Pathological Features of Waterhouse-Friderichsen Syndrome in Infancy and Childhood

  • Jan P. Sperhake
  • Michael Tsokos
Part of the Forensic Pathology Reviews book series (FPR, volume 1)


Between 1997 and 2002, five cases of fatal Waterhouse—Friderichsen syndrome (WFS) that occurred in infancy or childhood were investigated in our institute. The diagnosis of WFS was based on the following clinical as well as morphological criteria: (a) fulminant sepsis, (b) patchy purpura of the skin as a result of disseminated intravascular coagulation (DIC), and (c) bilateral hemorrhagic necroses of the adrenals. All cases had a very rapid clinical course of the disease (about 1 day or less). In two cases, postmortem microbiological examinations yielded meningococci as the infective agent. In both cases, the children examined underwent autopsy very early after death (5 hours and 24 hours, respectively) and did not receive antibiotics prior to death. In two other cases, meningococci were cultured in antemortem blood samples. Macroscopically, the leptomeninges looked inconspicious in all five cases investigated. However, histology revealed meningitis to a mild or moderate degree in four cases. A previously clinically undiagnosed interstitial myocarditis was diagnosed in three cases by histological means, of which two cases showed Gram-negative diplococci in the myocardial lesions. For the pathologist investigating cases of WFS in infancy and childhood, the following points have to be emphasized: (a) when performing a medicolegal autopsy in a case of suspected WFS, the postmortem interval should be as short as possible (not longer than 24 hours) to provide the opportunity for an accurate microbiological examination of postmortem swabs; (b) in cases of WFS, meningitis does not seem to play a leading role for the clinical course of the disease or the actual cause of death; however, histologically a mild to moderate degree of meningitis is a frequent finding; (c) the presence of Gram-negative diplococci in myocardial lesions by histological means suggests that invasion of meningococci might be a causative factor for myocarditis in WFS; and (d) in accordance with the literature, myocarditis is often present in cases of WFS and therefore might be of importance for the clinical course. It is not certain yet if all children die from shock or DIC or rather, if myocarditis, leading to complete heart block, forward failure of the heart, or arrhythmia, is the actual cause of death.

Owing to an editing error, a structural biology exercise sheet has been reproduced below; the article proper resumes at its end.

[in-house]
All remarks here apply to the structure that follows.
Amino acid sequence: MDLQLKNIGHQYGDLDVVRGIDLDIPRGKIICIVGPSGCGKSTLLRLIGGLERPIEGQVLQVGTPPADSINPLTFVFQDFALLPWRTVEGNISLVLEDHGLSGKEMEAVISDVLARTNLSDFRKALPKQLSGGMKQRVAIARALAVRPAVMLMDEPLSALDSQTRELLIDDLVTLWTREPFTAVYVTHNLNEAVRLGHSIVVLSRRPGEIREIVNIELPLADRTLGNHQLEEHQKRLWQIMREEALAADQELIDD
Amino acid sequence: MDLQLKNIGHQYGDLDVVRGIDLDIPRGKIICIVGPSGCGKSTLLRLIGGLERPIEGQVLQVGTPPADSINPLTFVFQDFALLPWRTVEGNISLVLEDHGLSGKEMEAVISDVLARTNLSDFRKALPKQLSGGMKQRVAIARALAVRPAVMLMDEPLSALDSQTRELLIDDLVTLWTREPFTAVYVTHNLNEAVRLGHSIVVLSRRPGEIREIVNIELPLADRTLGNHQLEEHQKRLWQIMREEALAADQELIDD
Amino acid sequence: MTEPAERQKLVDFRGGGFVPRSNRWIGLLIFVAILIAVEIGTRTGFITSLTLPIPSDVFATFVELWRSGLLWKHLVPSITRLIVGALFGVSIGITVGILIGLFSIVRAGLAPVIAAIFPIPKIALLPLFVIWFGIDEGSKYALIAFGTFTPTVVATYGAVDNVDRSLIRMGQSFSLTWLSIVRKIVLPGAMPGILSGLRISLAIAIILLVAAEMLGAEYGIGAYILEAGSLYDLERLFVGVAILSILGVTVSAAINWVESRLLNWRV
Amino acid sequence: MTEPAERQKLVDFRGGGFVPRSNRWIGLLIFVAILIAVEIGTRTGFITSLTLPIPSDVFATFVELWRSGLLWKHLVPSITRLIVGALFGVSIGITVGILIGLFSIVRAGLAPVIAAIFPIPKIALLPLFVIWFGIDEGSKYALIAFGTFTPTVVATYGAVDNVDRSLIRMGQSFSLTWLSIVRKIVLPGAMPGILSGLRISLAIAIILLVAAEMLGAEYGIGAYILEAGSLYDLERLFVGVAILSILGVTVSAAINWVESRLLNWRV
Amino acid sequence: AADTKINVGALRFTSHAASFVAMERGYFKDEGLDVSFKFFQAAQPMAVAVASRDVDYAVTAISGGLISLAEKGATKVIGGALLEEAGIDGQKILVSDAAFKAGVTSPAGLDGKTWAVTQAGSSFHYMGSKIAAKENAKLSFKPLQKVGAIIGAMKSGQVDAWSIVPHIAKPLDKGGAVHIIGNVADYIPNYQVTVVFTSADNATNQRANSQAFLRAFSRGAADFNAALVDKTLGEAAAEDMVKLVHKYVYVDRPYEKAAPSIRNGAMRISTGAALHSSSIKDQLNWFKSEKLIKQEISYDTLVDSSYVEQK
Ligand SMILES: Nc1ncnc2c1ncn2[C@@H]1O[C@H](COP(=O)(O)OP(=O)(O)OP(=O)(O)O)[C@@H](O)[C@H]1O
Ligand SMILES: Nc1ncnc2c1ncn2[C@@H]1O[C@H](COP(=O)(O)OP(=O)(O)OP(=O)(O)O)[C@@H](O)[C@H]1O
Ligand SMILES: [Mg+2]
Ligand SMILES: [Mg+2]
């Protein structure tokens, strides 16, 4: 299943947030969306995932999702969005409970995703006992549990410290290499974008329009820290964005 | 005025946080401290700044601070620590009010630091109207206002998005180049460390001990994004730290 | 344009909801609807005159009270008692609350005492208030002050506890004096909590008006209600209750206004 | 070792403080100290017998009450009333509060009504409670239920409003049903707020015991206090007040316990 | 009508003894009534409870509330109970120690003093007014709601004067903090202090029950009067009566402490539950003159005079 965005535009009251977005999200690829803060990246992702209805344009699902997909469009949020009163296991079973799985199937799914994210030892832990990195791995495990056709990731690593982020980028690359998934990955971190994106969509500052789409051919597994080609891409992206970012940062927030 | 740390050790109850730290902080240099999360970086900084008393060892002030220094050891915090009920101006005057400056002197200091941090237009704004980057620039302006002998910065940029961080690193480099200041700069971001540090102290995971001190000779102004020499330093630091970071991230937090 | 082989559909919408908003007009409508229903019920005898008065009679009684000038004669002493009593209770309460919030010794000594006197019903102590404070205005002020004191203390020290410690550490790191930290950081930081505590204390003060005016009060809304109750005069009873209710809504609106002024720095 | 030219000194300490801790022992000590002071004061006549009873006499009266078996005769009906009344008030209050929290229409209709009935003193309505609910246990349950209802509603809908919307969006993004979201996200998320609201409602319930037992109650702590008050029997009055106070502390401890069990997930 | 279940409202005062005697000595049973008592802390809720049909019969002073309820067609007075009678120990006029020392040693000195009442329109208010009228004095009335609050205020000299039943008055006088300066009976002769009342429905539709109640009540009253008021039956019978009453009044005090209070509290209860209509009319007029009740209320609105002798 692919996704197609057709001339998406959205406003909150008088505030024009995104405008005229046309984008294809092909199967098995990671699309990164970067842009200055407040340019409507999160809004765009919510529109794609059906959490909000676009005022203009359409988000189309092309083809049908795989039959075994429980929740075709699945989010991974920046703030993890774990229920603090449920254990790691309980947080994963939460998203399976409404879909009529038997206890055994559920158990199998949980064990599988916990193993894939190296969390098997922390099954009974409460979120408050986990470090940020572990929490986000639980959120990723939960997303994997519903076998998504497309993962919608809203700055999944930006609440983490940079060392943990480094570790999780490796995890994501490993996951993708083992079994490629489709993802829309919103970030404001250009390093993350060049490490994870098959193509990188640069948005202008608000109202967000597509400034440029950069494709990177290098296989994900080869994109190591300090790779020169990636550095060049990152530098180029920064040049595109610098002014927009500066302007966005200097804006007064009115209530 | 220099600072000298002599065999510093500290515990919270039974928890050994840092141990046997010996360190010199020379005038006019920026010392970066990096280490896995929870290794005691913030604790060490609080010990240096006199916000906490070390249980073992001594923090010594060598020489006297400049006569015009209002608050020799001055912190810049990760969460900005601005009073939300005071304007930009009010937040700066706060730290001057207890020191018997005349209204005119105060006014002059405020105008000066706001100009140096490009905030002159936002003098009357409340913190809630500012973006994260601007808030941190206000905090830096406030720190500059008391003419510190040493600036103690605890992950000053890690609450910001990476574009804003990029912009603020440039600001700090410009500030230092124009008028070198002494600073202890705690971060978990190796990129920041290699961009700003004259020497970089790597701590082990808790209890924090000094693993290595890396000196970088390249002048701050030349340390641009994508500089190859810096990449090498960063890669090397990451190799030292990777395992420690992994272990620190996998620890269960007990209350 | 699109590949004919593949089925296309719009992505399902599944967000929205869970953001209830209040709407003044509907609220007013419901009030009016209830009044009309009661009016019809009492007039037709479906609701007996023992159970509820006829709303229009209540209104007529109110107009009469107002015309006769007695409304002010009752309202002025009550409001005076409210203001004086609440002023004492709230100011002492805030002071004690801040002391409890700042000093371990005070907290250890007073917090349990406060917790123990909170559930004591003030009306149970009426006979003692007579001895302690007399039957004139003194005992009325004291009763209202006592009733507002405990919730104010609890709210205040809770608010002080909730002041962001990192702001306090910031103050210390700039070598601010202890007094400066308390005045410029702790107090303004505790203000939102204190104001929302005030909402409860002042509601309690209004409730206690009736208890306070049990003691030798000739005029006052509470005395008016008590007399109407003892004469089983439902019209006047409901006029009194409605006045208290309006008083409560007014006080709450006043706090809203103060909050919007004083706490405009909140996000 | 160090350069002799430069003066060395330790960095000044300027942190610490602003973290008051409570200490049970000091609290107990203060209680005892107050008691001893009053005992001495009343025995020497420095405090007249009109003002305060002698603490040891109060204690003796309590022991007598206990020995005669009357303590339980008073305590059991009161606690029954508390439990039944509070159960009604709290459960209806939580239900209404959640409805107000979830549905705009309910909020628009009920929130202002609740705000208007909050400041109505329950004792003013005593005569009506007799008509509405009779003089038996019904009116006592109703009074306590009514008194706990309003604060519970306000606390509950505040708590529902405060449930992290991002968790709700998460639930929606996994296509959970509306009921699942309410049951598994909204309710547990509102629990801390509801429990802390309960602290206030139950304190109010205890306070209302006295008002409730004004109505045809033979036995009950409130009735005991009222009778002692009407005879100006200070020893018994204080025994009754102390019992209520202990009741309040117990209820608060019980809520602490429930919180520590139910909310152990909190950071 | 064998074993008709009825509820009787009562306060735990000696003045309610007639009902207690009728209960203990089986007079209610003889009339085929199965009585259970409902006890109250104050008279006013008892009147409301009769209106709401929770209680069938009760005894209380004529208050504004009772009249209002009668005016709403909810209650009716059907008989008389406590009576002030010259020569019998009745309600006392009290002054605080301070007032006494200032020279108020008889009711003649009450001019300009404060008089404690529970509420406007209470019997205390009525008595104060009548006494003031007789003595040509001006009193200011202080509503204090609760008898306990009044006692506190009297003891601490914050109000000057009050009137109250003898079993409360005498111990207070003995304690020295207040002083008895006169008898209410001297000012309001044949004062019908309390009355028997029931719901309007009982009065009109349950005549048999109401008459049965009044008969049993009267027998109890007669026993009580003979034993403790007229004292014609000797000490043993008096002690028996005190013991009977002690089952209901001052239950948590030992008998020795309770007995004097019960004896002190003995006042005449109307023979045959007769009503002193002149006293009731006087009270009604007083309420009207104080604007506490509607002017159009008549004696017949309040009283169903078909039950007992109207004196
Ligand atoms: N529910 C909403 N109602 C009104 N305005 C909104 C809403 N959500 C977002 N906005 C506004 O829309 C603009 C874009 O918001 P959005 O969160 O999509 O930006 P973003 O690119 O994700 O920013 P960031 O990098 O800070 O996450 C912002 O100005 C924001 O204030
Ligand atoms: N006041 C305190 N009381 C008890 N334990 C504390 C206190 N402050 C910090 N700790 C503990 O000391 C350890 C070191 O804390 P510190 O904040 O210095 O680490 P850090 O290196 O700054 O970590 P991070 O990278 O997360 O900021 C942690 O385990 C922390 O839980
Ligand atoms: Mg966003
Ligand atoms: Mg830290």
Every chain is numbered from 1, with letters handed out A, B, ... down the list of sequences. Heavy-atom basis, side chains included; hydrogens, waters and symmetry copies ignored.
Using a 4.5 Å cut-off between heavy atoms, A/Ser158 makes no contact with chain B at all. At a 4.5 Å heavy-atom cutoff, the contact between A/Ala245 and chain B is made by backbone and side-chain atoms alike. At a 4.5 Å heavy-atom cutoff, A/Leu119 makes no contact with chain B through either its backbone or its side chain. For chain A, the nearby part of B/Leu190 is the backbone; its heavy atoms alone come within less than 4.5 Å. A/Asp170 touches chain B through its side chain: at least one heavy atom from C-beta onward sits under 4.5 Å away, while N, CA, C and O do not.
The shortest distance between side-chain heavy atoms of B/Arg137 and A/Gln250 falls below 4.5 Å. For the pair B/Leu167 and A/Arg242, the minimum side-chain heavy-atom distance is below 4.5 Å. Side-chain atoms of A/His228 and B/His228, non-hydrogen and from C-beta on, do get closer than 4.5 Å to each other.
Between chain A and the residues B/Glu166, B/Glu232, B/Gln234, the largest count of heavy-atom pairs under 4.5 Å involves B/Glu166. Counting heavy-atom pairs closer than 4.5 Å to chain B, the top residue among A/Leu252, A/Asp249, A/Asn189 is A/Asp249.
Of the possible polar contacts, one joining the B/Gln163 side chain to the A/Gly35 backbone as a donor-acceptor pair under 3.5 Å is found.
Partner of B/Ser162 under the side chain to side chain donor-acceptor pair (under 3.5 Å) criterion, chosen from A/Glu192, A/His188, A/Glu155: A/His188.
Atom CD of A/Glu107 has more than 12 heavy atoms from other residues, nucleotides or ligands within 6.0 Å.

Key Words

Waterhouse—Friderichsen syndrome (WFS) infancy Childhood Neisseria meningitidis Diplococci Meningitis Myocarditis disseminated intravascular coagulation (DIC) postmortem microbiology histopathology 


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© Springer Science+Business Media New York 2004

Authors and Affiliations

  • Jan P. Sperhake
  • Michael Tsokos

There are no affiliations available

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